Monday, March 3, 2014



Another hard wired week in frigid cold. Sweetheart bouncing back after the flu. I'm almost 100%. It takes 10 days we hear but we push by day 5.

I spoke with a logger friend this morning, he's weary. Getting in and out of the woods is four times the work with all this cold and snow. It's taking a toll on every one. Sugaring wants to start, too cold for sugaring to start, it's at a standstill. Stuck in ice. Rhythms are all askew.

You must see The Great Beauty, and it almost deserved the Oscar last night. Like I say, it has too limited of an audience appeal, while marvelous. The Act of Killing is the greater film but too courageous and edgy and independent for the Oscar mentality. The Great Beauty holds all of that old Italian verve and foolishness minced with a Roman appeal. It isn't Fellini though, no one is.

I'm with J — much to be depressed about the Oscars and even angry, starting with a film like Gravity winning hand over fist — it's a sham, relying on pyrotechnics (which work for the most part) but the story line and acting remains ridiculous and trying. And to double the frustration — the director is a long time skilled cinema master, who of course knows better, but is selling out.

Another friend found the ending of Nebraska "manifest" when I find every inch of the film that way, except the ending. Every single character in that film comes through except the sulking and spoiled Bruce Dern. . .who is starting to appear this way now in public. Yes, he looked depressed at the Oscars but not for the same reason I was. I've been following his career a long time, and have taken lots of time to watch and listen to him through every talk show and the IFC Spirit Awards last Saturday night — the same sulking, fragile, tempered old hipster from good family stock. On screen and off.

He's one more true American Boy who believed in the Dream, then played wicked ones and "bastards" (as he says) and somehow can't get why he didn't make it. He was used. If they can, they use up all us Dreamers.

In Nebraska each character is well-etched and they hold true: the two sons make a rounded appearance; June Squibb as the wife does her part, nagging and all, and manifests by lifting her dress over the gravestone to a former skirt chaser, giving a wiggle. Stacy Keach plays his swarmy "right and wrong" theme onto Will Forte, and finally, Forte, smashes the 250 pound feed bag Keach into the bar stools (hurts his hand). The gorgeous choreography of the old farm couple not at home, who come home, catch the wily family in their car in the dooryard and wander over to see what is up. Beautifully handled. Manifest. All the brothers, reticent and pure, come through in the living room and dining room scenes, and all along the way we have to tolerate the sulking Dern. Barely lifts an eye. Even slightly more unkempt than I believe he would have been. A little exaggerated. After Forte buys his father (Dern) the used truck, the new air compressor, Dern lifts his head and gives his son a side-long glance in the cab of the truck, but he quickly drops his head so it isn't quite seen except by us. . .and that's why I believe the character missed out, and so did the director, in that final far away silhouette shot. . . The Grapes of Wrath distance (Tom Joad on the road). . . I believe the story and both characters needed certainly not a hug (that would be exaggerated), but a hand from the father onto the shoulder of his son as he passed him by changing seat positions in the truck. A sureness. Without it, the film remains a little too dry, austere, and even bruised with cynicism.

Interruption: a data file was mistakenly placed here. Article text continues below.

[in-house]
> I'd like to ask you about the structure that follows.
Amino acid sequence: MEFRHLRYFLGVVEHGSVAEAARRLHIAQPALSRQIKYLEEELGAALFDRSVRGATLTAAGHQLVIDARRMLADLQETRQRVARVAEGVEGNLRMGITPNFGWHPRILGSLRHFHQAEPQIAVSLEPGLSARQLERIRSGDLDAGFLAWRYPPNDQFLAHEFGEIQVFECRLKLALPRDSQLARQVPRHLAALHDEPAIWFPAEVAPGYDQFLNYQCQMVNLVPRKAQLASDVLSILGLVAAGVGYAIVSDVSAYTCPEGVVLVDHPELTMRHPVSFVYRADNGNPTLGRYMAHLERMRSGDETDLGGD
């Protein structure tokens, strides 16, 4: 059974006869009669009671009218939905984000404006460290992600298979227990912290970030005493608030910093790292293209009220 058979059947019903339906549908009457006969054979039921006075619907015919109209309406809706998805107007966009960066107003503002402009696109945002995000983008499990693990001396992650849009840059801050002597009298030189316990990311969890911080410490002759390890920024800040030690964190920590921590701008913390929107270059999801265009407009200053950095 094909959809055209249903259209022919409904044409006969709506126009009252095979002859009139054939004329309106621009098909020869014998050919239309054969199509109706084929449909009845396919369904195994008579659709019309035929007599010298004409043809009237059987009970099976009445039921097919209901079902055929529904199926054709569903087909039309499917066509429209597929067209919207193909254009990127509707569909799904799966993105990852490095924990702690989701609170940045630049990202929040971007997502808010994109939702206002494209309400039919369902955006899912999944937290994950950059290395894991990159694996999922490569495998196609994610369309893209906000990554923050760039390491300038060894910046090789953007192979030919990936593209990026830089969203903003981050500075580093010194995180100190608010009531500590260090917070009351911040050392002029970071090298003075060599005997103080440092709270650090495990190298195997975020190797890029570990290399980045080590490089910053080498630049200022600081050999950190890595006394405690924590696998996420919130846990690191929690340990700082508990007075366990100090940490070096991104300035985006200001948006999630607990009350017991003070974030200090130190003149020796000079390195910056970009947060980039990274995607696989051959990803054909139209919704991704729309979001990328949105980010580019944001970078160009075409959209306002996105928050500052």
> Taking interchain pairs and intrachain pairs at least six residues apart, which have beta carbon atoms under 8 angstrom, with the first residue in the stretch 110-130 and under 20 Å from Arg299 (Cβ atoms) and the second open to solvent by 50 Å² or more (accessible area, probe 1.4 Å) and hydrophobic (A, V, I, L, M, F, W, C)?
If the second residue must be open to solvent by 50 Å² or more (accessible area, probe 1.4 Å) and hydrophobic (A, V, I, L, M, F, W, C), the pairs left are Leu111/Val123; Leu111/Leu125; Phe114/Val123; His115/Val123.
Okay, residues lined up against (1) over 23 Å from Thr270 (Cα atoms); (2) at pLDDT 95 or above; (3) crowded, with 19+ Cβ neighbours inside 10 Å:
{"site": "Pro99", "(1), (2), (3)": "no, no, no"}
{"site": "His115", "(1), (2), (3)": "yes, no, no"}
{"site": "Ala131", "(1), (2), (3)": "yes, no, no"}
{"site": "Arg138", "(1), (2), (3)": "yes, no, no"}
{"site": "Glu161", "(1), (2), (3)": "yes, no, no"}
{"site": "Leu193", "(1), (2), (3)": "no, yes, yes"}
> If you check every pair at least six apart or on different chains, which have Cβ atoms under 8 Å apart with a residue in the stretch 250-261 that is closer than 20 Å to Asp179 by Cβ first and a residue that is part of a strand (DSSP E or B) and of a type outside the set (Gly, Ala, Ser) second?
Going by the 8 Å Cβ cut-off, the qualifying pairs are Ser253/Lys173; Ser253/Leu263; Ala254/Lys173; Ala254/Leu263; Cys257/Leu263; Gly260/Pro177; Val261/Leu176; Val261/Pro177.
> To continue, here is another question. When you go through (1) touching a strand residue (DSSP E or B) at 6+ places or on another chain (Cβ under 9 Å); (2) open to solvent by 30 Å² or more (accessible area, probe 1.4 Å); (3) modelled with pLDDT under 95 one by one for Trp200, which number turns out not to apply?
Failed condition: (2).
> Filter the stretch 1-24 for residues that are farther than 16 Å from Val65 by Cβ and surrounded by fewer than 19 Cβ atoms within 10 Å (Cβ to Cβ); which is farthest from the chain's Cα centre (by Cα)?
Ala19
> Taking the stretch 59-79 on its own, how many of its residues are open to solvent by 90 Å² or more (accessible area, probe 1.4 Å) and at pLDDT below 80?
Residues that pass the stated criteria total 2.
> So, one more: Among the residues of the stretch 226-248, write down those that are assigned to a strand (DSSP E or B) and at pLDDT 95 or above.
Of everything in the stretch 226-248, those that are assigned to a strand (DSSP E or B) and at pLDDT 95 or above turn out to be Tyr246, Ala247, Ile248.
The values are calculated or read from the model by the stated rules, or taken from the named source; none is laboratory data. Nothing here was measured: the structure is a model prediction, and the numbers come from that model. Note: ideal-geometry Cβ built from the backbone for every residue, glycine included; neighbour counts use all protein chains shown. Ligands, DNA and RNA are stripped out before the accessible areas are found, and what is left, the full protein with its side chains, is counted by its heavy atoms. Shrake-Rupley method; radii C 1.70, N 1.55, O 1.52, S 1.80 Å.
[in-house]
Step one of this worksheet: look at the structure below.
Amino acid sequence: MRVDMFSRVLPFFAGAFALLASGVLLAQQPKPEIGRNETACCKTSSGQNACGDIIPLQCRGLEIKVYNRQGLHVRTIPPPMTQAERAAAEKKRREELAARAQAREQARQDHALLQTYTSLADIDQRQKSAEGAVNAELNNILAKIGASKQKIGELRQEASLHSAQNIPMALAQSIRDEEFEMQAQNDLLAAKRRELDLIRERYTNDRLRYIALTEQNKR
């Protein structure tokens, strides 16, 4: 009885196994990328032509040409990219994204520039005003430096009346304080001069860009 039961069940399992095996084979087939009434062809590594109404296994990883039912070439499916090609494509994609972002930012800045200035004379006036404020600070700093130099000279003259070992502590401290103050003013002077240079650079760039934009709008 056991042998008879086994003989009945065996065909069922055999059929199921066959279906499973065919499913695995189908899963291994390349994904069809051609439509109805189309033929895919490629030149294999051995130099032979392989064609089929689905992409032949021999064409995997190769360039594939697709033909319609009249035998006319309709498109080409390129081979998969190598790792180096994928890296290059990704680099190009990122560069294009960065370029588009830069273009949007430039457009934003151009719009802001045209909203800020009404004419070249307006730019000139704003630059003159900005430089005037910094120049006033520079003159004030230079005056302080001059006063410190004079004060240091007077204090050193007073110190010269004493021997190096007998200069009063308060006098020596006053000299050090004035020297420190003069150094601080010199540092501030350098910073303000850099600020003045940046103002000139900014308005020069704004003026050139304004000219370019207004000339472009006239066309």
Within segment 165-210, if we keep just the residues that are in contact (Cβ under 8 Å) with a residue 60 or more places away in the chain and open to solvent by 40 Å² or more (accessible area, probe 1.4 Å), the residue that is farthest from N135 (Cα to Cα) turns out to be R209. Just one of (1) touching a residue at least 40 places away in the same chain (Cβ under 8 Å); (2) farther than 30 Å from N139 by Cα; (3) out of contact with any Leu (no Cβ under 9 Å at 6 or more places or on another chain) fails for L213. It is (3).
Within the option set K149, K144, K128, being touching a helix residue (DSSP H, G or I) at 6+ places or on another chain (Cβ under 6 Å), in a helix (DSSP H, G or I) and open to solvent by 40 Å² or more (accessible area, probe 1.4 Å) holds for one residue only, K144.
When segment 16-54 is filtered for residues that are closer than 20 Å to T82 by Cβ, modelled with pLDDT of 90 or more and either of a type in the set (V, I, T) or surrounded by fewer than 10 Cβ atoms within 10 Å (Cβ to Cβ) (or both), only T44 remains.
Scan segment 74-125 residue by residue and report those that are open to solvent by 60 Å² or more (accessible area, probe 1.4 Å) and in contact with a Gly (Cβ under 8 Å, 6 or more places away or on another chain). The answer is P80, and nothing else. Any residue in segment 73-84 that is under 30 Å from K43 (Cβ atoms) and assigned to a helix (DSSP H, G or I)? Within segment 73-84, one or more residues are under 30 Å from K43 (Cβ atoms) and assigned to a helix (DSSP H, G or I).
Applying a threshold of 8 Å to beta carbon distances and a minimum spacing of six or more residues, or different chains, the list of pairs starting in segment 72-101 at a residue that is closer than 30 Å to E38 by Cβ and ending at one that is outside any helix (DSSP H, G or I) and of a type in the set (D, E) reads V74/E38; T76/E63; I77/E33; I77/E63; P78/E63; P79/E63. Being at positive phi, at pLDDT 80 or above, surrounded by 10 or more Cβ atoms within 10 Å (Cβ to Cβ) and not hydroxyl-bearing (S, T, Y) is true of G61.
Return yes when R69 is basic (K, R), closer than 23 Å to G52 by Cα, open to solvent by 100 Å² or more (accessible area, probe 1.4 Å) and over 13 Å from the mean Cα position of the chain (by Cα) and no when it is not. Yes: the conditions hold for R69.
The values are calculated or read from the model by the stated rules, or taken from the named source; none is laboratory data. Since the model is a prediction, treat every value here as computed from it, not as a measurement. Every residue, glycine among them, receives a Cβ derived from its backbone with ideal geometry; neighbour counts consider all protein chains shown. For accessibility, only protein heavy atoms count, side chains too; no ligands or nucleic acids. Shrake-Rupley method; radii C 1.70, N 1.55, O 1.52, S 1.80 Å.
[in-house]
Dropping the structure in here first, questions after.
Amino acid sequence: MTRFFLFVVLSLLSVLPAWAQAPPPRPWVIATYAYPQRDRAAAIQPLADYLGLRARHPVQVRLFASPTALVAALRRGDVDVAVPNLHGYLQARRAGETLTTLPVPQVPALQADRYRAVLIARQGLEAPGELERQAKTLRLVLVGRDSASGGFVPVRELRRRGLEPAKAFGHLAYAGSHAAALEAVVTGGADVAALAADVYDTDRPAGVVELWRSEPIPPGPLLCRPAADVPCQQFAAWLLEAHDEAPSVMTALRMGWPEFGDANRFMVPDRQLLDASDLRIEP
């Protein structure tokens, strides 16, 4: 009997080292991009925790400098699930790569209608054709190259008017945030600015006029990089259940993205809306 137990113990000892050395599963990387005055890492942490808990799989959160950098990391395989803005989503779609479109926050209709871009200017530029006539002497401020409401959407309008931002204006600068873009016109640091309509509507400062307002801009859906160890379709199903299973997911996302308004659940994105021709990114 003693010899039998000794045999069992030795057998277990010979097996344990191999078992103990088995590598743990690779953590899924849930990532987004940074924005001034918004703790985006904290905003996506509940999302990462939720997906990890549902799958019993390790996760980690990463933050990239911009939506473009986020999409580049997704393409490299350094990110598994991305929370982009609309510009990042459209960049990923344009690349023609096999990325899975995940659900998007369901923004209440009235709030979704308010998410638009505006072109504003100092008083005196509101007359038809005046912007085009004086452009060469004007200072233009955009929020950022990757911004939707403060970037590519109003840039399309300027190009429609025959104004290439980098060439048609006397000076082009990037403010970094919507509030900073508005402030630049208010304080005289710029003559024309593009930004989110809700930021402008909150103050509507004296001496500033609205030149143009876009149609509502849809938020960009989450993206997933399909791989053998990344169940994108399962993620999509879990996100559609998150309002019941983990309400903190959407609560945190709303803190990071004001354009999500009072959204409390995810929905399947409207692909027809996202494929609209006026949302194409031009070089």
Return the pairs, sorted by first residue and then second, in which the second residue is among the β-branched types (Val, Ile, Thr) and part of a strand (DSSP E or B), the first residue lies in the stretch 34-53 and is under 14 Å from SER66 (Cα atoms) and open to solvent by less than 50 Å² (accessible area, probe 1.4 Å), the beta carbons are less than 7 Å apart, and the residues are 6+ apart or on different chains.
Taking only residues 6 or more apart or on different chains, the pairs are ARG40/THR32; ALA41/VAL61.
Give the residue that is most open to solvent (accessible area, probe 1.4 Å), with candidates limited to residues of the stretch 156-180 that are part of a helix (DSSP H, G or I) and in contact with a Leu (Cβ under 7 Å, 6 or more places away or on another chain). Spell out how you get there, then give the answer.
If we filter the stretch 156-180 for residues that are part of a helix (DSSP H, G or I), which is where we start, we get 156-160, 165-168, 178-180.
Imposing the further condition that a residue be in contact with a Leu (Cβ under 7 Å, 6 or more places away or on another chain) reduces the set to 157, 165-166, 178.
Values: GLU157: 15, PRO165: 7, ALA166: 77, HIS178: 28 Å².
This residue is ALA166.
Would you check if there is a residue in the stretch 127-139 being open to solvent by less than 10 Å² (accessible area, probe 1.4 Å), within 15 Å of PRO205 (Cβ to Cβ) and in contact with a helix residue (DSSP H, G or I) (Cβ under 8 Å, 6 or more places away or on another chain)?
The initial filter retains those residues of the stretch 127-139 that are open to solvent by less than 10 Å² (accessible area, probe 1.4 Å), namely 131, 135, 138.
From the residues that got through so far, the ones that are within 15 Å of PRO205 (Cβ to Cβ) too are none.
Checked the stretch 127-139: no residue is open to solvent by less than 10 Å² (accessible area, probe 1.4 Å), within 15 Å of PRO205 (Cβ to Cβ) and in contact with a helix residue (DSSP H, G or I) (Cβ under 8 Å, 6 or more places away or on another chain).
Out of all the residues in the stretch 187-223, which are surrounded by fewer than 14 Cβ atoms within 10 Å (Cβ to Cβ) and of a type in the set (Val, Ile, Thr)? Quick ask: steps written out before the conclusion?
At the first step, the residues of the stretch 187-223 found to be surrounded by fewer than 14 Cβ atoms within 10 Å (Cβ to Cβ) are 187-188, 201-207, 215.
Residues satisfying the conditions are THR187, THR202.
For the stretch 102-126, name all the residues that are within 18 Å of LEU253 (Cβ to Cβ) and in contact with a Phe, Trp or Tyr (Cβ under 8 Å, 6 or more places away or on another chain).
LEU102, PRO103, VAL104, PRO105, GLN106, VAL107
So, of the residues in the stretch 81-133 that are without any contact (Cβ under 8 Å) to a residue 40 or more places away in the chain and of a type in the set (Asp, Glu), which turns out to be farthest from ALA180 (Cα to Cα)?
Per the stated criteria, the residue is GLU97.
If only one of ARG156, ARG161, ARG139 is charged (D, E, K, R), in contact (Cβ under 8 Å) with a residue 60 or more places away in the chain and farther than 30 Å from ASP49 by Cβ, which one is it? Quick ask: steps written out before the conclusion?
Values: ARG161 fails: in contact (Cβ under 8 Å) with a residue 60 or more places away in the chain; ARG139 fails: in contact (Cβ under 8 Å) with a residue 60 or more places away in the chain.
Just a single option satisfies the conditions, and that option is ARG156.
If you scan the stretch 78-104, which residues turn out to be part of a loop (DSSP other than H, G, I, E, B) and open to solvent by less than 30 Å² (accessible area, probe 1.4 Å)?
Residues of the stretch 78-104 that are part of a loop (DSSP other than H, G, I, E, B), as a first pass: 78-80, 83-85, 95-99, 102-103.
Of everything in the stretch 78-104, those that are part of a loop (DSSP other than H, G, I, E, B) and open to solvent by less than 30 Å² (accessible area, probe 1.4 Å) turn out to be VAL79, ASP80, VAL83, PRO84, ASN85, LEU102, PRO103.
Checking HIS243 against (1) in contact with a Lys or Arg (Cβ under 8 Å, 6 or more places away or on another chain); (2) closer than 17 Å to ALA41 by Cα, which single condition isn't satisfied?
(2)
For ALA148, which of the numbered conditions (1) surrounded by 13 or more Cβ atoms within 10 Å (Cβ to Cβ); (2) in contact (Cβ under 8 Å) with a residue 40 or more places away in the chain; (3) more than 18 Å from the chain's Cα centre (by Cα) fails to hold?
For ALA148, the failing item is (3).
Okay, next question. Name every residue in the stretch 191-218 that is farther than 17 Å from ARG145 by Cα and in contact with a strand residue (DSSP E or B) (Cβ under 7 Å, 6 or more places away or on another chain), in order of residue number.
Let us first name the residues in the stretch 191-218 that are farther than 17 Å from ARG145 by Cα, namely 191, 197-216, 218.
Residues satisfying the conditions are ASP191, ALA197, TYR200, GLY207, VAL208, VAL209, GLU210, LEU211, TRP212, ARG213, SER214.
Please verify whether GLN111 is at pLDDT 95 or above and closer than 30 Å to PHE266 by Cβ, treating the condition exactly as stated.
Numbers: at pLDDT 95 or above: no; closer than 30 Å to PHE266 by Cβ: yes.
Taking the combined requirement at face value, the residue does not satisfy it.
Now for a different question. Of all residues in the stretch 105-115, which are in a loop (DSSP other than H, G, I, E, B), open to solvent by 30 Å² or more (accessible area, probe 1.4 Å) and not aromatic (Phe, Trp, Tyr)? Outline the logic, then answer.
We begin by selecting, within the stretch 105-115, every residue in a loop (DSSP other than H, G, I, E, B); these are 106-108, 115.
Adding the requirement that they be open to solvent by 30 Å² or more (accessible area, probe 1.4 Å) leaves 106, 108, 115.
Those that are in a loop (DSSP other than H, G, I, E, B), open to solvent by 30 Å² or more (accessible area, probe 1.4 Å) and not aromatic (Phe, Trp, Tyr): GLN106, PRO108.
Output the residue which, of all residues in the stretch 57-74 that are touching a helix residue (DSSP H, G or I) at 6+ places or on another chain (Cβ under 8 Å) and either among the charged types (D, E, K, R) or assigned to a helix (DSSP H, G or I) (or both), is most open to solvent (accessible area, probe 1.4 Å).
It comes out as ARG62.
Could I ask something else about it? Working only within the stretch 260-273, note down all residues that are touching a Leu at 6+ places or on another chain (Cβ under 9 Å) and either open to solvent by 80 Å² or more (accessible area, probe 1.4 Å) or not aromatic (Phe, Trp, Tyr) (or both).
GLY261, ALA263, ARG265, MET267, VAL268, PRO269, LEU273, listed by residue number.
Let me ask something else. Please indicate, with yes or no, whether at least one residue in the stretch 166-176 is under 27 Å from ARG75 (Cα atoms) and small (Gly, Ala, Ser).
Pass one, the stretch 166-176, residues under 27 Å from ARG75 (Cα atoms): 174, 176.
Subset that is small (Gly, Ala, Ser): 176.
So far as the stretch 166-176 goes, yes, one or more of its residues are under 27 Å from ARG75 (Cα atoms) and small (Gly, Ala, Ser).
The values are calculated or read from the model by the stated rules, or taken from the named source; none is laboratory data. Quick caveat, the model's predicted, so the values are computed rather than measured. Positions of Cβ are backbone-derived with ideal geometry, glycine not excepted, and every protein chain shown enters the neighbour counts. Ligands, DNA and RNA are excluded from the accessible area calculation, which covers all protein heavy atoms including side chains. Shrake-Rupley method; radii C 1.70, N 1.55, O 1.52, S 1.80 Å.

The young Kenyan woman, Lupita Nyong’o, winning was all I wanted to see happen at the Oscars last night. 12 Years A Slave receiving its recognition. The rest was shalmtz. It's crushing how low it's been pitched.

To build a fire.

I'm off to snowshoe the woodlot trail. It's been so cold so long the deer have driven deeper into the wood and are bedded down not moving a muscle. I get a vole or bird tracks at best on my trail. At the window: cardinals, bluejays, nuthatch, chickadees, and two burly gray squirrels who like to talk back.


Man With A Movie Camera ~
Russian 1929 silent documentary by "Dziga Vertov" 
who was actually born David Abelevich Kaufman in 1896.


In Lassen Volcanic National Park, California

A typical scene long remembered by travelers along the Loop Highway
during the spring and early summer months.

published by eastman's studio, susanville, ca.